Commentary: Supercomputers: This Time, Japan Is RightRobert D. Hof
It's a familiar drill for any government-funded research center shopping for a new supercomputer: spend a year or two putting the world's fastest machines from all over the world through their paces. If a U.S. supercomputer maker such as Cray Research Inc. comes out on top, the deal is done. If a Japanese company wins, Cray and its friends in Washington raise economic or national security concerns.
That's precisely what happened on May 17, when the National Center for Atmospheric Research (NCAR) in Boulder, Colo., chose Japan's NEC Corp. over Eagan (Minn.)-based Cray to supply it with a $35 million weather forecasting supercomputer. Representatives Martin O. Sabo (D-Minn.) and David R. Obey (D-Wis.)--each with Cray facilities in their districts--sent protesting letters to the National Science Foundation, which helps manage NCAR. The Commerce Dept. also charged that NEC is selling the system below cost. Maybe. But this case reeks of politics. So far, neither Cray nor Commerce has offered solid evidence of dumping.
CRYING WOLF. This tired routine must stop. The U.S. can't stay ahead in supercomputers if the government keeps crying wolf every time U.S. companies lose. Nor can industries and agencies that rely on the latest technology operate at their peak if they are bullied into buying machines only from U.S. suppliers. Charges one large supercomputer customer: "There has been a decade of intimidation by the federal government against people who want the best technology in the world."
The numbers seem to back that up. Cray has about 130 supercomputer installations in Japan, compared with a combined 80 installations by NEC and Fujitsu Ltd., the two main Japanese suppliers. And Cray says it has six Japanese government customers. But in the U.S., where Cray claims 320 installations, NEC and Fujitsu have only two installations each--none at government agencies. Even given Cray's long market presence and broader array of software and hardware, it's clear that Japanese vendors have been excluded. Fred W. Weingarten, government affairs director of the Computing Research Assn., worries that such discrimination "could create a backlash against all U.S. computer firms to advance the interest of one."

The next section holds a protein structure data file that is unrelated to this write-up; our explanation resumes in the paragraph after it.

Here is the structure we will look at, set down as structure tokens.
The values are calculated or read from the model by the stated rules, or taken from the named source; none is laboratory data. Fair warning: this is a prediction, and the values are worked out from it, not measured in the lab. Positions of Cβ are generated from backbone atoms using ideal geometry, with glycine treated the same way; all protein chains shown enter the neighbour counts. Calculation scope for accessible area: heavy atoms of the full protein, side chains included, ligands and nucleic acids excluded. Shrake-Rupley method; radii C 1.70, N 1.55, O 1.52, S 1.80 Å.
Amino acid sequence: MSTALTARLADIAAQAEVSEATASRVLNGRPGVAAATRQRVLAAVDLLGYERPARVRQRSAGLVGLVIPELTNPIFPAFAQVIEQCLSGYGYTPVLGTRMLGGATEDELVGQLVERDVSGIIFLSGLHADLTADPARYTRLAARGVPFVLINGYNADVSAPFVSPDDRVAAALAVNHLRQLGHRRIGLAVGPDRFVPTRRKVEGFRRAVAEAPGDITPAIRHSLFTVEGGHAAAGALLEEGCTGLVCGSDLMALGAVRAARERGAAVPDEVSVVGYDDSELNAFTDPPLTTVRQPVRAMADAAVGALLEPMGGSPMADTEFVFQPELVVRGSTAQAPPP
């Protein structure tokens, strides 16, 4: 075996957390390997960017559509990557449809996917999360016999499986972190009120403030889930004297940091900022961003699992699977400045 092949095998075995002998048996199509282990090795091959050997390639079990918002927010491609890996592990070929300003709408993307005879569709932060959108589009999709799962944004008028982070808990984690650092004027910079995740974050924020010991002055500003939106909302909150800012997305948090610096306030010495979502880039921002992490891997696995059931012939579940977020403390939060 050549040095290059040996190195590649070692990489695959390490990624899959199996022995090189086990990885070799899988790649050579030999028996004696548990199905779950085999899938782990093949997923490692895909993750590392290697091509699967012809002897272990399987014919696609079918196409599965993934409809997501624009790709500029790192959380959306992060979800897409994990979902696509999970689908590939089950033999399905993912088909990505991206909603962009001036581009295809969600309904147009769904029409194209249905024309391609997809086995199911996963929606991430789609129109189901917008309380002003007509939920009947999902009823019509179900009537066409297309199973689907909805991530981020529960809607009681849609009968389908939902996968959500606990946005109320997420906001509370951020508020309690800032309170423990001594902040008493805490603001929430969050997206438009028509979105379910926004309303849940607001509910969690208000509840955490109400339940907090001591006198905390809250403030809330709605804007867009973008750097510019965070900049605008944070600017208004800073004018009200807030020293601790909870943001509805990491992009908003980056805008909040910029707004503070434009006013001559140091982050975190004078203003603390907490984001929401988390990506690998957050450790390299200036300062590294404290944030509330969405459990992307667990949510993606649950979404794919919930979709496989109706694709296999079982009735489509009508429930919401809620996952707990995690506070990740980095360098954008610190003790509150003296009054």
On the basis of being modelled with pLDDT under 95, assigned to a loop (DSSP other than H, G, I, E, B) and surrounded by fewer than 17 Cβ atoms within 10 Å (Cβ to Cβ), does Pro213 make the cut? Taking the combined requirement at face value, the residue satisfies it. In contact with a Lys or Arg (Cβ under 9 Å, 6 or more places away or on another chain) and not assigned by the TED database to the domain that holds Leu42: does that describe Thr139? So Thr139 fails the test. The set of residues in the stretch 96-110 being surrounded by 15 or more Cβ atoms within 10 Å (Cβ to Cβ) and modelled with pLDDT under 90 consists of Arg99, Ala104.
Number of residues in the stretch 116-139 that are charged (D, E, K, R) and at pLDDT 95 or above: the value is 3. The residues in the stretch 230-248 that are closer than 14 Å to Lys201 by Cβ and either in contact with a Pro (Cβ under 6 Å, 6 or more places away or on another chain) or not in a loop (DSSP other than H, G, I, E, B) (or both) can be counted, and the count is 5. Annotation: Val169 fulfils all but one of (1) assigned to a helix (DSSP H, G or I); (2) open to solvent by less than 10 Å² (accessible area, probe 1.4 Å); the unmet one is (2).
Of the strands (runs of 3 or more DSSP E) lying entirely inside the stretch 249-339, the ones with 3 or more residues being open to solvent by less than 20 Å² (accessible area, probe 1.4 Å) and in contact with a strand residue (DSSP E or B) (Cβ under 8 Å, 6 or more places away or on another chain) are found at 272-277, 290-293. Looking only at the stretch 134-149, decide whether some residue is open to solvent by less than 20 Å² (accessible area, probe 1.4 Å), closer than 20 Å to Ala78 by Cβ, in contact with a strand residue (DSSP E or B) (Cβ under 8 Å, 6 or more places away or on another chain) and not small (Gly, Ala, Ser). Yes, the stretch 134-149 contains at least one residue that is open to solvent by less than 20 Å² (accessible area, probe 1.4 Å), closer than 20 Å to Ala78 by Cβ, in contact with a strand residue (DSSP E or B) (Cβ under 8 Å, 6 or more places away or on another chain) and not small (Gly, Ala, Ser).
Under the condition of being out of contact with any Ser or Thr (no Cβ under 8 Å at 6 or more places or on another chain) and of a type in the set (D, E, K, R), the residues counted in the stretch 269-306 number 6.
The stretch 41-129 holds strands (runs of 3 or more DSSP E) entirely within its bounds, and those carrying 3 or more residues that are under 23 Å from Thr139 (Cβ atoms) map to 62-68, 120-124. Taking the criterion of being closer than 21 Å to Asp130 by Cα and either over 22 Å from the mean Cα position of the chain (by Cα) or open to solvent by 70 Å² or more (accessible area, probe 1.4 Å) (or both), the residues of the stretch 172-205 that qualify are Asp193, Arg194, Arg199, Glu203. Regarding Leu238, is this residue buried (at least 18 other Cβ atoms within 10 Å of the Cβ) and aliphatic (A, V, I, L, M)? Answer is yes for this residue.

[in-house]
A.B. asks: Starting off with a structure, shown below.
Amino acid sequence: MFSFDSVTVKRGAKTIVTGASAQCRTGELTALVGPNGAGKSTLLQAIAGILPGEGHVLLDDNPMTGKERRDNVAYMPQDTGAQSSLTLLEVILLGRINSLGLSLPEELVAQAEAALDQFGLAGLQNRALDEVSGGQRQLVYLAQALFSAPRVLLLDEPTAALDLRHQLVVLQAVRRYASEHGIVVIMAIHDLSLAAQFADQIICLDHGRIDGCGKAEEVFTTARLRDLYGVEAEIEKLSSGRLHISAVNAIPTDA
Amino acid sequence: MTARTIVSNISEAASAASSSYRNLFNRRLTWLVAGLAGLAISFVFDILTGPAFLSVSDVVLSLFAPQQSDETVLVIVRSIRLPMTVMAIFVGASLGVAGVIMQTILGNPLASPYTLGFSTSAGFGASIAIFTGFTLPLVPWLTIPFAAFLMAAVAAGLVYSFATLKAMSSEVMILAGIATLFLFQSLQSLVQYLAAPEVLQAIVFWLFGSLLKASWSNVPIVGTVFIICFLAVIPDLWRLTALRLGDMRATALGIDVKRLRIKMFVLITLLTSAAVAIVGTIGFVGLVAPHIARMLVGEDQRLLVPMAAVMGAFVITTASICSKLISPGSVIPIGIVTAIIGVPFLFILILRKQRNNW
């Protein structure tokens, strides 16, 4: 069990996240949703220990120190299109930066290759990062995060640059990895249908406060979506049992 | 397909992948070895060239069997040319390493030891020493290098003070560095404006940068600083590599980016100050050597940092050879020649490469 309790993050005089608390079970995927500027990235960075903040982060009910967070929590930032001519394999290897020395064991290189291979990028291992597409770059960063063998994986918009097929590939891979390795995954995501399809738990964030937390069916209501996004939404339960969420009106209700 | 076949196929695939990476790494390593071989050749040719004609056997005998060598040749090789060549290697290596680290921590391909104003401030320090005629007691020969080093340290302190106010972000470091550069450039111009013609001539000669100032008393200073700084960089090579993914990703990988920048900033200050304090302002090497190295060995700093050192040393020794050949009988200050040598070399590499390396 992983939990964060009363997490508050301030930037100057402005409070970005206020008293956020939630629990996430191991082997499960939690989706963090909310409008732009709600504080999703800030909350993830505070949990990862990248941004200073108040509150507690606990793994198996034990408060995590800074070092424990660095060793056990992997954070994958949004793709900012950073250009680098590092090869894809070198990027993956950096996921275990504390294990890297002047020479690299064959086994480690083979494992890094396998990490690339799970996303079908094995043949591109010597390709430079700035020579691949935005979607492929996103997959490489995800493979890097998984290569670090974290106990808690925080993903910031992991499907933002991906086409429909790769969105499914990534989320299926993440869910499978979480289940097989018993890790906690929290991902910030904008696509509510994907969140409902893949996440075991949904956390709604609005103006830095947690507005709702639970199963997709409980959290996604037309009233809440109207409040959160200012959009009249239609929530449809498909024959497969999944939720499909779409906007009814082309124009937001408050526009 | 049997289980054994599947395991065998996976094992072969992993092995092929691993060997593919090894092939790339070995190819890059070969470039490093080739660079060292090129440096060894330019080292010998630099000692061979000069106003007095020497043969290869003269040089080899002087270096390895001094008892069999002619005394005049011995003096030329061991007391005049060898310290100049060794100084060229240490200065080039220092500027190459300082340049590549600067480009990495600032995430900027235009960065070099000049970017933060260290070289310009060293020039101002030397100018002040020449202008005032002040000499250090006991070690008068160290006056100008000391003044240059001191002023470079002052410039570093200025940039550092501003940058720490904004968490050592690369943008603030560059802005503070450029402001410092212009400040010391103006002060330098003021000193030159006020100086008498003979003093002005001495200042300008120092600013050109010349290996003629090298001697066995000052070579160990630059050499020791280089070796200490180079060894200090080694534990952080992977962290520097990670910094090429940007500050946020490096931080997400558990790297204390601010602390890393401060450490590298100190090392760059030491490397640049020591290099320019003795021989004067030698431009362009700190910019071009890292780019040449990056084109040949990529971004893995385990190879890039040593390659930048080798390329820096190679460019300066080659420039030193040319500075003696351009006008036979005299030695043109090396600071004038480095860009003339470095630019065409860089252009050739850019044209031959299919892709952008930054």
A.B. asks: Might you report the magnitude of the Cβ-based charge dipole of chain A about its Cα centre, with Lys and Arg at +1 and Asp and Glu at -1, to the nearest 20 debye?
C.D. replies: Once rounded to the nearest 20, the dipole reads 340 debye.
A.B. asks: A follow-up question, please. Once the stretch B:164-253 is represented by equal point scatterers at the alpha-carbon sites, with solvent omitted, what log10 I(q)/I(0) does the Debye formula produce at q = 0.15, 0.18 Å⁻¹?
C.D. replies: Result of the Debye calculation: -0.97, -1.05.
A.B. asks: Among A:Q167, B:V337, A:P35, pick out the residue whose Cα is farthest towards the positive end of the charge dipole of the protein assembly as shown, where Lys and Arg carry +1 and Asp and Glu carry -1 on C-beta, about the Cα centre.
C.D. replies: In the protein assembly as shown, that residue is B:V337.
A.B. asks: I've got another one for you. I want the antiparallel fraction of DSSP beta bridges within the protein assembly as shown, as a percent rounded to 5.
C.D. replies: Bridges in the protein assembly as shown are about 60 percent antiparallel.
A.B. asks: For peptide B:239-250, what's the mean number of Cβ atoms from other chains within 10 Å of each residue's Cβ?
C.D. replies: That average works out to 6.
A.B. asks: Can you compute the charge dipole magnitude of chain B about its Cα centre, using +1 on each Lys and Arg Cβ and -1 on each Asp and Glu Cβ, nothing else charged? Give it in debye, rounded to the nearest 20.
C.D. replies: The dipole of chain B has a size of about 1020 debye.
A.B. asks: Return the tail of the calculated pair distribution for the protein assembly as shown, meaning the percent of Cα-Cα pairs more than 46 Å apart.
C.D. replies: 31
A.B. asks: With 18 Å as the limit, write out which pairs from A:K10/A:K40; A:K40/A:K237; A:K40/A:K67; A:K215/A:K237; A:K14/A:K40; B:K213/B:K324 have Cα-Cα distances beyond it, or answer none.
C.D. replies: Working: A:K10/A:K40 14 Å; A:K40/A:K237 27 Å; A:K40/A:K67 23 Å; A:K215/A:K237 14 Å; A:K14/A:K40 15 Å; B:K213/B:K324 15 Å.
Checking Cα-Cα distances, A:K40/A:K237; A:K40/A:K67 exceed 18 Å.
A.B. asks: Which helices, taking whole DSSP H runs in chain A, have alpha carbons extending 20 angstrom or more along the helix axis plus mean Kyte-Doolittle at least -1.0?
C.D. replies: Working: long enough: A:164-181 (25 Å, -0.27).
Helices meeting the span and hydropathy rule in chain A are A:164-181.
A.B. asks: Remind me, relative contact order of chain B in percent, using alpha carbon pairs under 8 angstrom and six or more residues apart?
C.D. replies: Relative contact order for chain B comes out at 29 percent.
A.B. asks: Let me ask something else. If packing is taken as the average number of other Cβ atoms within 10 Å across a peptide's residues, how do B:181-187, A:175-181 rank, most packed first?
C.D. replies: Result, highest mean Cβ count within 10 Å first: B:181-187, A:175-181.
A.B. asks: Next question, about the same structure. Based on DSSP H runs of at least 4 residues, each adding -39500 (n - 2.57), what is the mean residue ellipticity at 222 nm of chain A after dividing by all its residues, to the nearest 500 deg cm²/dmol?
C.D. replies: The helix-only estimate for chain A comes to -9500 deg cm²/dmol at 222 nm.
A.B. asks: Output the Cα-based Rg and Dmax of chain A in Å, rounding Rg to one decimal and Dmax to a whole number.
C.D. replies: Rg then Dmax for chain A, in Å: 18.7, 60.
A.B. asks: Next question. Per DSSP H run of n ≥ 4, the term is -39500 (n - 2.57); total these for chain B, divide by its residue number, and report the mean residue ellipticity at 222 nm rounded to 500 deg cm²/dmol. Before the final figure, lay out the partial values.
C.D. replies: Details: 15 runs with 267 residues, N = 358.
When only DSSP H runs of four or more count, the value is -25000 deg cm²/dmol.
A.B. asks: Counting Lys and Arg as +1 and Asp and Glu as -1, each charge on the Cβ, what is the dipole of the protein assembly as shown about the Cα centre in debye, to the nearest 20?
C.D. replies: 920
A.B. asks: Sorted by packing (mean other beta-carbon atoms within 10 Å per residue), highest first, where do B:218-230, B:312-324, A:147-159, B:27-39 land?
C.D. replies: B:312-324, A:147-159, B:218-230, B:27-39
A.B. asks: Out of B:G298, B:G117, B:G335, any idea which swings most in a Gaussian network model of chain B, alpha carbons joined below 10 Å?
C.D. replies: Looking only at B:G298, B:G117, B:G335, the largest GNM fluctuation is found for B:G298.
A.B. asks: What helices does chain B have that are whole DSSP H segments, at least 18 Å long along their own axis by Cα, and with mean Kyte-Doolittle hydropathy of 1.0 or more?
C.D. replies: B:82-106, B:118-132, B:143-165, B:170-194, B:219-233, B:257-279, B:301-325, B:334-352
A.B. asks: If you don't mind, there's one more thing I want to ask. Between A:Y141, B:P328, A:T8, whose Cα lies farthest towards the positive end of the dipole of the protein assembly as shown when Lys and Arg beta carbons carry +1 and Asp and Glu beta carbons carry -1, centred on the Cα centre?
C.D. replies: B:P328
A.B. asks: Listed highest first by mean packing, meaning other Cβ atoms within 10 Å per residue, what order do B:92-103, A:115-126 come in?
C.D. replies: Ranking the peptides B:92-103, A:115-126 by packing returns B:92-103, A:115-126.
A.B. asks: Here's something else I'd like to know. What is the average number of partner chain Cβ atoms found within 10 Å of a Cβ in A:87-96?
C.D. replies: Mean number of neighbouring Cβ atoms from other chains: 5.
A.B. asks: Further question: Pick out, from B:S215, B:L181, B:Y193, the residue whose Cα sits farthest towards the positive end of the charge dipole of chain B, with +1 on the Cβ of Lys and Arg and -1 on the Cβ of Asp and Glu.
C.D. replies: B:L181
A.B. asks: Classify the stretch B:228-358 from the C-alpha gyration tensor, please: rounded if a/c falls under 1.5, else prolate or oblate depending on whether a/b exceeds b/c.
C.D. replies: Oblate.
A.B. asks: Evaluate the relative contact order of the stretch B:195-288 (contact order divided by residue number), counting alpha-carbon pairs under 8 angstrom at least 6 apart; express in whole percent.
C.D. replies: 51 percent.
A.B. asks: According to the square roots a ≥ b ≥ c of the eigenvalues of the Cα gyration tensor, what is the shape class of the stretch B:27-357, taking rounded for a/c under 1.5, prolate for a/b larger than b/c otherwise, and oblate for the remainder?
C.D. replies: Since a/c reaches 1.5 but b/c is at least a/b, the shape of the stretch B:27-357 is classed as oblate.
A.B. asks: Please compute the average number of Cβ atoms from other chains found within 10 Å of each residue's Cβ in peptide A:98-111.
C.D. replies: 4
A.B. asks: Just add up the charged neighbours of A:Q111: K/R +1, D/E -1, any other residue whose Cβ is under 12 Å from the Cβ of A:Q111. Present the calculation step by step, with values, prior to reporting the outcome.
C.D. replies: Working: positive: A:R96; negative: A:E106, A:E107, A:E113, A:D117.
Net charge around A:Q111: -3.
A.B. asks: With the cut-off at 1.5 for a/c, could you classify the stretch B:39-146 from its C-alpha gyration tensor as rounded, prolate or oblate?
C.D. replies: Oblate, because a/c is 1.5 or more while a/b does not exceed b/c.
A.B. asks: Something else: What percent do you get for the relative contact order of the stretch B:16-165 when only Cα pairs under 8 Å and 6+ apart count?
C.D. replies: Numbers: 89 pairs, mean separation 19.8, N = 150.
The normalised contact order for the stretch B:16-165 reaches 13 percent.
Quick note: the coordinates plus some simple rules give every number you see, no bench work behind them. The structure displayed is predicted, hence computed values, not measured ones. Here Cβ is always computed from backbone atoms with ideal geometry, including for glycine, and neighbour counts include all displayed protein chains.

There may be a legitimate interest in supporting the domestic supercomputer industry, which has been ravaged by defense cutbacks. Even Cray, the last major independent U.S. supercomputer maker, succumbed to the industry slowdown by agreeing last February to be acquired by Silicon Graphics Inc. Moreover, Commerce has reason to be vigilant: NEC and Fujitsu, huge as they are, could easily massage the numbers and blow Cray out with cut-rate pricing.
But in this case, many analysts and supercomputer customers think NEC was clean. "NEC apparently had the better machine for this application," says Gary Smaby, president of supercomputer market researcher Smaby Group Inc. Richard S. Greenfield, director of the division of atmospheric sciences at NSF, says NEC's machine was more suited to NCAR's type of climate modeling than Cray's offering. More than that, says Libby Bogard, contracts manager at the University Corporation for Atmospheric Research, which manages NCAR with NSF, "the Japanese seem to be maybe a full year ahead" on a chip technology that cuts the cost of superfast machines substantially.
STRONGER SHAPE. Cray doesn't need government protection to catch up. It, too, is exploiting new chip technology. And under Silicon Graphics, it is in a stronger position than ever. "One loss here or there is not going to mortally wound them," says Gartner Group Inc. analyst Howard Richmond. Indeed, despite its recent struggles, Cray had a commanding 56% share of the world supercomputer market last year (chart).
Cray has some cause for concern. Robert H. Ewald, Cray's president, says Japanese companies lately have been cutting prices more aggressively worldwide. Moreover, he says, "in the last 18 months, we've done considerably less business in Japan."
But if NEC is found to be dumping, the law can remedy that. In the meantime, there's no reason to let politics freeze out competition from Japan.